Formula One great Sir Jack Brabham, who claimed three world drivers' titles and remains the only man to win the championship in a car he built himself, died on Monday, his family said.
The Australian, acclaimed as one of the sport's most influential figures with the technological innovations brought about by the team he created helping shape Formula One, was also the first driver to be knighted for services to motorsport.
"It's a very sad day for all of us. My father passed away peacefully at home at the age of 88 this morning," son David Brabham said in a statement.
"He lived an incredible life, achieving more than anyone would ever dream of and he will continue to live on through the astounding legacy he leaves behind."
After serving in the Royal Australian Air Force during World War II, he took up racing cars and went on to win drivers' championships in 1959 and 1960 with the Cooper Racing Team and again in 1966 in his own Brabham car.
The motorsport world mourned his passing with fellow Australian Formula One champion Alan Jones hailing him as "inspirational".
"I think he was inspirational for any young bloke that wanted to go across overseas and race cars," said Jones, who won the world championship in 1980.
"He was the man they looked up to and he was the man they wanted to emulate."
McLaren chief Ron Dennis worked first for Cooper and then Brabham in the 1960s and said Brabham was a hero.
"Even as a callow youth, I could recognise greatness when I saw it, and I'll always regard it as an honour and a privilege to have worked for Sir Jack. I learned a lot from him too," he said.
The Confederation of Australian Motorsport (CAMS) revered the trailblazer known as "Black Jack."
"Always a man of few words -- his nickname 'Black Jack' referred to both his dark hair and his propensity for maintaining a shadowy silence -- he avoided small talk and was undemonstrative in the extreme," a statement on the CAMS website said.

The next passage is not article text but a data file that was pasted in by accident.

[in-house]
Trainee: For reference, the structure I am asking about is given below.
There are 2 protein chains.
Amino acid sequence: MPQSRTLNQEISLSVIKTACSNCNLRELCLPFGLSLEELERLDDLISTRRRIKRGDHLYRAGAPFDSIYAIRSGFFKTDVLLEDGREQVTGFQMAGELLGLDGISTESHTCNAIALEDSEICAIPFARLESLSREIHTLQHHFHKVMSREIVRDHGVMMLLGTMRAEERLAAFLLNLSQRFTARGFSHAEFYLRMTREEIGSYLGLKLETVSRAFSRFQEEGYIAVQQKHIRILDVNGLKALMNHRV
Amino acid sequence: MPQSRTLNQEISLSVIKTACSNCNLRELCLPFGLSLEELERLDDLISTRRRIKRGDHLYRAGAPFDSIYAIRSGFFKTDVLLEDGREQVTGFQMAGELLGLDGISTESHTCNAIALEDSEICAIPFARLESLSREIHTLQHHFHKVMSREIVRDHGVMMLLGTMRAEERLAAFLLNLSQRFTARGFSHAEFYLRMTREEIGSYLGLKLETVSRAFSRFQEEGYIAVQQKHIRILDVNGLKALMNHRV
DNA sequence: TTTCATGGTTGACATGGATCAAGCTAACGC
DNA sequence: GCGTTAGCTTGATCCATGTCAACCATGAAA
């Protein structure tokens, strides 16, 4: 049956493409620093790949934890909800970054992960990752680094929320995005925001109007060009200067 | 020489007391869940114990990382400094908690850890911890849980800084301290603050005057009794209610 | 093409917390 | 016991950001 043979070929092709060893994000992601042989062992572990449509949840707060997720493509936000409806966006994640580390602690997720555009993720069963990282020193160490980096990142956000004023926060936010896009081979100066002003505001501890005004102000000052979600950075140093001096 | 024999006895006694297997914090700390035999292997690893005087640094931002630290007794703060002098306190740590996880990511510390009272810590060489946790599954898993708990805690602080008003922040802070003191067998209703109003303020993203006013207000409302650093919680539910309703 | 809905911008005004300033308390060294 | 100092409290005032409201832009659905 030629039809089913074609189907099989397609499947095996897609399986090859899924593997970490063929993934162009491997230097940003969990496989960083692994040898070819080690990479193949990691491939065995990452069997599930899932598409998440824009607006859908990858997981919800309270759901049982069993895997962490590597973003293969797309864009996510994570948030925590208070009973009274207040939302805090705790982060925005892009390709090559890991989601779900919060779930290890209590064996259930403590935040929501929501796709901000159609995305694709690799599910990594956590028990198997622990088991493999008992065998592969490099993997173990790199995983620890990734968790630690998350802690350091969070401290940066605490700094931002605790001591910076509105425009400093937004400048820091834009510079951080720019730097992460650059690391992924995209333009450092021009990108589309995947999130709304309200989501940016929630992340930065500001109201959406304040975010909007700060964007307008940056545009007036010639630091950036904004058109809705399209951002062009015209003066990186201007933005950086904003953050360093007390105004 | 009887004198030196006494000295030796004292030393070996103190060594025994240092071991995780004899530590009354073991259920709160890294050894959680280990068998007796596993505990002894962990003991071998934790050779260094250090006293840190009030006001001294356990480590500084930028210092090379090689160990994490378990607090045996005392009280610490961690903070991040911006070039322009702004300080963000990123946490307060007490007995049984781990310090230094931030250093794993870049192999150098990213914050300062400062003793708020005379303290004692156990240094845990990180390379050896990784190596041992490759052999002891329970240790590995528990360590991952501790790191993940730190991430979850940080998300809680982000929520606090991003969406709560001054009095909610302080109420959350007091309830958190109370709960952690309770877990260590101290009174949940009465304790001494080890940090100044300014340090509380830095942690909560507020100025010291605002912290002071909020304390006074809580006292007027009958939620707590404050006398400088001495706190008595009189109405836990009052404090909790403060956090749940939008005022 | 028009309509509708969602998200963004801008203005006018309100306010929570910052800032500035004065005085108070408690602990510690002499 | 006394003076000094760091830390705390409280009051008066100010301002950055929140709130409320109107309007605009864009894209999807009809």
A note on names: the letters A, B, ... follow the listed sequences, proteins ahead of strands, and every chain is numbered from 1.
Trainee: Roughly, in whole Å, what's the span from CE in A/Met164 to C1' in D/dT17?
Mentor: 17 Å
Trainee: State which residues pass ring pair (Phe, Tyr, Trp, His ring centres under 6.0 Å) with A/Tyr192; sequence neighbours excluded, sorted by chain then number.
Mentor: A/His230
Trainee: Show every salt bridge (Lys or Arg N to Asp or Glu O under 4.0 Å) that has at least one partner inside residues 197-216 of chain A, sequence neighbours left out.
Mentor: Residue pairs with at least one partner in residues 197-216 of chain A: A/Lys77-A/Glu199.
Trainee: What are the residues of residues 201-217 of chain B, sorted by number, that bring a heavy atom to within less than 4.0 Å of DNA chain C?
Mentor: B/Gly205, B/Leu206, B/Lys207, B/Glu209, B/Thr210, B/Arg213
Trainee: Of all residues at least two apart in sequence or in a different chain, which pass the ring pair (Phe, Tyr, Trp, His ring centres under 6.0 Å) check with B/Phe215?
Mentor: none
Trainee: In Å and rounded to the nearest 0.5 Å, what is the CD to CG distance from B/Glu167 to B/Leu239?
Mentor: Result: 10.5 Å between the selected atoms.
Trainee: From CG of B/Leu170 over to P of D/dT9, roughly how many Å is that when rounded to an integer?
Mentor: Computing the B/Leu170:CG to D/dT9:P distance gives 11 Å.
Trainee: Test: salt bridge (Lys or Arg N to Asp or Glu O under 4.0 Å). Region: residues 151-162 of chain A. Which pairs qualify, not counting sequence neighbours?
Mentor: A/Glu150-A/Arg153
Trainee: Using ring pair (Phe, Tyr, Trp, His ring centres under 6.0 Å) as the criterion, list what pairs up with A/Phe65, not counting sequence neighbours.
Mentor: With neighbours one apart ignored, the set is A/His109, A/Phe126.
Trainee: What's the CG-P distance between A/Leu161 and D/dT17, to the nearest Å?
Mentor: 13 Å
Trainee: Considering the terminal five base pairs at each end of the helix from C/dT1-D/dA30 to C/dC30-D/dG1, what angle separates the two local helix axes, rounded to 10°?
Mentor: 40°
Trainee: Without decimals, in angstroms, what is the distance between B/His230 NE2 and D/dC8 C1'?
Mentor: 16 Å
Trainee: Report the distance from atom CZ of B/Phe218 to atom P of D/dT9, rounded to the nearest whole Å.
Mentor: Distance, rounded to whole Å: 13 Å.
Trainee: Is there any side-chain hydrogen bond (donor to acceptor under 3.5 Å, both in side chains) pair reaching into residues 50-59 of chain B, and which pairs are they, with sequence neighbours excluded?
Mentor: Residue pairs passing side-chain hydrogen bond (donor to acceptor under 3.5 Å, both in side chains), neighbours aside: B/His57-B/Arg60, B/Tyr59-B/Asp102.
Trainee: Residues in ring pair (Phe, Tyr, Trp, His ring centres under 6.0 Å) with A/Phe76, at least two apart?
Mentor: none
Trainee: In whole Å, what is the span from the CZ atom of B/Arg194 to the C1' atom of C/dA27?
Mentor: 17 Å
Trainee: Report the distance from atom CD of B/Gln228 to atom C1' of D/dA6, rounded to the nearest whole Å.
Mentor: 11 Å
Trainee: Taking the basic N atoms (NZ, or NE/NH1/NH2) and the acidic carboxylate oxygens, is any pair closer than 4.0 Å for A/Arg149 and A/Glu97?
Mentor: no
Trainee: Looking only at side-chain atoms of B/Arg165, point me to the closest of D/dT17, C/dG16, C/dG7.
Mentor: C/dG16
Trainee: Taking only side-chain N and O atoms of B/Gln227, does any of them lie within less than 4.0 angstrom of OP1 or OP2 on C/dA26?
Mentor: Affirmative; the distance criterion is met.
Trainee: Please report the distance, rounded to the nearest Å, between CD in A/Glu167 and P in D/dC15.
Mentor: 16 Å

"But behind the wheel he was anything but shy and retiring. He put his head down and drove exceedingly forcefully."
Brabham's first two titles in the Cooper Climax marked the end of the era of front-engined Formula One cars.
In 1959 he famously ran out of fuel at the United States Grand Prix and pushed his car across the finish line to take fourth place and become Australia's first Formula One world champion.
Brabham in later years recounted the amazing tale.
"I eventually stopped about 100 yards from the finishing line, and I started pushing. If anybody assisted me, I'd be disqualified," he said.
"It was a big thrill to me to find out after I was exhausted on the ground, I found out that I'd actually won the championship. It was a fantastic thing."
In 1966, he became the only driver to win the world championship in a car bearing his own name -- the Brabham BT19 Repco, which he designed and built himself. He also won the constructors' championship that year, and again in 1967.
Brabham started in 126 Grand Prix from 1955 to 1970, amassing 14 wins, 31 podiums, 13 pole positions and 12 fastest laps.
Through his partnership with Ron Tauranac, more than 500 Brabham race cars were built from the team's British base in the 1960s alone, while the Brabham name continued in Formula One for 30 years.
He claimed his final win in the 1970 South African Grand Prix before retiring that year.
Briton Stirling Moss, one of his fiercest rivals, told the ABC in 2009 that Brabham was always held in the highest esteem in racing circles.
"Sir Jack was the first Australian to come over and really make a mark. I mean, he is after all, he is one of the best known Australians in the world," he said.
Brabham was awarded the Order of the British Empire in 1967 and was knighted in 1979.
In his final years, he battled failing eyesight and problems with his kidneys and liver.
He died at his home on Australia's Gold Coast and is survived by his wife, Margaret, and sons Geoff, Gary and David.